Foreign buyers pay for 40% of new Melbourne apartments

Foreign purchasers are buying as much as 40 per cent of all new apartments in Melbourne, with new figures showing a surge in a tax raised from offshore investment, reports The Daily Advertiser.

Official data, released to The Age under freedom of information legislation, reveals that a tax on foreign buyers of residential property, introduced in mid-2015, has become a significant money-spinner for the Andrews government, with revenue almost doubling in a year.

However, while the tax now generates substantial revenue of more than $133 million, it is not specifically itemised in state budget papers.

Property industry insiders and analysts believe this is because of the political sensitivity around foreign ownership and declining housing affordability.

The figures come as a separate analysis by leading property advisory firm Charter Keck Cramer found about four out of 10 of Melbourne's new apartment purchases are to offshore buyers.

"It's no coincidence we are seeing peak levels of development activity across Sydney and Melbourne coincide with a rising participation of foreign developers and purchasers," said Charter Keck Kramer's national executive director Robert Papaleo.

The development surge is a boost to local construction industry and government coffers but it is contributing to growing concerns around housing affordability, pressures on infrastructure and services from unprecedented population growth.

It's also transforming the city skyline, which is becoming dominated by overseas-funded developments.

Among the towers under construction are Australia 108, a giant residential building being built in Southbank by a Singaporean developer and the 92-level Aurora which Malaysian interests are putting up in the CBD.

A Chinese developer is building Swanston Central on the edge of the central city, which will have more than 1000 apartments.

The extent to which international housing investment is contributing to the current housing affordability crisis is debatable, with inadequate data a problem.

But the figures do coincide with census figures that show home-ownership falling to levels not seen since the 1950s.

Melbourne and Sydney are what's known among some economists and geographers as a "hedge cities", places where cashed up foreign investors (mostly Chinese in Australia's case but Americans, Russians and others elsewhere in the world) park excess wealth.

"Globally, we see that housing is now being seen as an asset class attractive to increasingly mobile capital," said Mr Papaleo.

"Australia has been, in some respects, the path of least resistance to international capital seeking to invest in real estate."

But unlike other international cities targeted by foreign investors - notably Vancouver and London - Australian foreign investment rules limit overseas purchasers to new housing (with some exceptions).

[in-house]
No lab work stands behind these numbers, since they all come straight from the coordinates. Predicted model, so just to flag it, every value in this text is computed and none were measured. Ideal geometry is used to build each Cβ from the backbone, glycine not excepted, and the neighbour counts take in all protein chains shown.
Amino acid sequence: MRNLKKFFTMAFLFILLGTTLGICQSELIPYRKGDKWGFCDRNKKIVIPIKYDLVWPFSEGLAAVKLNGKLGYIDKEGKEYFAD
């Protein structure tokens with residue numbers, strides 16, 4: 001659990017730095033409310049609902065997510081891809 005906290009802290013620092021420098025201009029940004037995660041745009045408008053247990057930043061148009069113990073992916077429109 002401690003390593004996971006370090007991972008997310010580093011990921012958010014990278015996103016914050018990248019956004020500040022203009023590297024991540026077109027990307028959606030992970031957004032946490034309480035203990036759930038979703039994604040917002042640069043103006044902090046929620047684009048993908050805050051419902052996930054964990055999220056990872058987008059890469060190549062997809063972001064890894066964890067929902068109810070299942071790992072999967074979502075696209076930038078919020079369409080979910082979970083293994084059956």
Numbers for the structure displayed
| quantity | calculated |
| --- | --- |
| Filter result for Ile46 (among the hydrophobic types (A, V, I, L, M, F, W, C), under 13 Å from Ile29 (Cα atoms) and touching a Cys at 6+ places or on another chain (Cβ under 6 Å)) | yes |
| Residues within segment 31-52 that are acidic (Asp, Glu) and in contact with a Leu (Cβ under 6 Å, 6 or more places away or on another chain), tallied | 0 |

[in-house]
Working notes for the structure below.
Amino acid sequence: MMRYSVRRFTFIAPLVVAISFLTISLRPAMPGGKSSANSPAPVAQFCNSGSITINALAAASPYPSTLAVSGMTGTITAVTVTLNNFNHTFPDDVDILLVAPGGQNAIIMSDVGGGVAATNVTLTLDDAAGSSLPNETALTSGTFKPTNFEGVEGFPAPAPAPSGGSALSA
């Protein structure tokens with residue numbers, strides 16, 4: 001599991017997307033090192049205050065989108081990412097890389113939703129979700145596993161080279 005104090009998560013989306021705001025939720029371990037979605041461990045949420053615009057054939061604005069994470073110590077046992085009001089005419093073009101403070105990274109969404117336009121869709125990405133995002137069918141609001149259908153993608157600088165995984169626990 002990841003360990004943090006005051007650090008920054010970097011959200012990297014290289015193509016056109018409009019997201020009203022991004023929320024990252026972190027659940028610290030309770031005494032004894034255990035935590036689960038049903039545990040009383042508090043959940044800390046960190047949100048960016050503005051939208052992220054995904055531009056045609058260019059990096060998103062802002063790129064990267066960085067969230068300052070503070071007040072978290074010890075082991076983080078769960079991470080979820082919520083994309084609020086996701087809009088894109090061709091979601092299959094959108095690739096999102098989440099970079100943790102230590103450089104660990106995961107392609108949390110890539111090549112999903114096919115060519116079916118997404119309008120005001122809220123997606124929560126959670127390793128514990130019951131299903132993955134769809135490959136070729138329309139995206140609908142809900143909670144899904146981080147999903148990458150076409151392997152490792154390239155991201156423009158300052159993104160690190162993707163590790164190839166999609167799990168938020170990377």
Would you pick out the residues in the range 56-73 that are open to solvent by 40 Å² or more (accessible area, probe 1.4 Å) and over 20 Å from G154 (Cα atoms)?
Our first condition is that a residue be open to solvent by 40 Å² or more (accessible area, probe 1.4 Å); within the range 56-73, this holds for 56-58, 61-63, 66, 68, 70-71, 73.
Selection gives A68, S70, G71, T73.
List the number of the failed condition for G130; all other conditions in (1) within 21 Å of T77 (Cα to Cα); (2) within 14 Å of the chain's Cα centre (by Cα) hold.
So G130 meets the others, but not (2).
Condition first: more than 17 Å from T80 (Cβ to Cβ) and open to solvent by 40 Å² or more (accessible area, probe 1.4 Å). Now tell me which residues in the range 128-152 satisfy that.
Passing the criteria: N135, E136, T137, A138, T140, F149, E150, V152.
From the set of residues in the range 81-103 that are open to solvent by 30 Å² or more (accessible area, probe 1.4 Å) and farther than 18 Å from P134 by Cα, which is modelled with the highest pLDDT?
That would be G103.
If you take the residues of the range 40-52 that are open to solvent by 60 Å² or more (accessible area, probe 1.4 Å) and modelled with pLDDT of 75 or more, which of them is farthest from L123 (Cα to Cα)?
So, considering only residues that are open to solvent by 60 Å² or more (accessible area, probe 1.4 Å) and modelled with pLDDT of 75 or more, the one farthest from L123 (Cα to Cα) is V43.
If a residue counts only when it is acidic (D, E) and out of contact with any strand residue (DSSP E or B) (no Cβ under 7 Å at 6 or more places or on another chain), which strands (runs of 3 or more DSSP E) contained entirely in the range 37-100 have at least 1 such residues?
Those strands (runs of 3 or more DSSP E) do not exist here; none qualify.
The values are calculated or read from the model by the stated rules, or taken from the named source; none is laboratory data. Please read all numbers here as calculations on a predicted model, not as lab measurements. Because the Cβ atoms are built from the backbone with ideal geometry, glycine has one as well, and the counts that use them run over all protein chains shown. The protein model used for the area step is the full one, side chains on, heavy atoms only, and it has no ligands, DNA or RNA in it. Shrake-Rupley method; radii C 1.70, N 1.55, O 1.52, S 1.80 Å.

So any impact on housing prices is likely to be in new housing, apartments in particular.

Foreign Investment Review Board data indicates the overwhelming amount of foreign investment in Australia goes into NSW and Victoria. Much of it is from China and south-east Asia.

A December 2016 Treasury paper found the effect on prices was small.

Research by Griffith University academic economists estimated that a quarter of the price growth in Melbourne and Sydney, between 2004 to 2014, was due to foreign investment.

Professor Peter Phibbs, head of urban and regional planning and policy at University of Sydney, said foreign investment was becoming more significant and having some impact on affordability.

But tax policy was the big problem. Generous tax breaks from negative gearing and on capital gains were "like fuel on the fire" driving property prices higher.

In Victoria, the Foreign Purchaser Additional Duty (FPAD) took effect in mid-2015 and applies from when the contract is signed.

The number of transactions caught by the tax rose 44 per cent in 2016/17 to nearly 4000. Part of that increase is explained by a lag in the tax taking effect but strong demand is also a big driver.

While the tax is already a healthy revenue-raiser in Victoria, analysts expect it to raise even more in the coming years after its rate was more than doubled and more transactions are captured by it.

In NSW, a similar tax was levied on 2663 foreign purchasers until April, its first 10 months of operation, government data released to Fairfax Media shows.

Slightly more than 77 per cent of buyers in NSW were from China. There is no comparable data for Victoria.

Professor Phibbs said the investment was changing inner and central Melbourne in other ways, with "canyons" of large towers detracting from a city that had revived itself in recent decades and become a magnet for tourists.

"As a planner I ask, are we making good places to live? I think in some parts of Melbourne there's a question mark."

Along with education, investment in property is seen as pathway to residency by some foreign investors.

It is one of the factors contributing to a population boom that, on current trends, would see Melbourne more than double in size by mid-century.

A recent series by Fairfax Media focussed on how Melbourne is being reshaped by a booming population that has seen the city grow by nearly a million people since 2006.

It highlighted the state government's growing reliance on population and property as an economic and budget strategy, and the mounting public concern that the city's infrastructure and services were not keeping pace with the growth.

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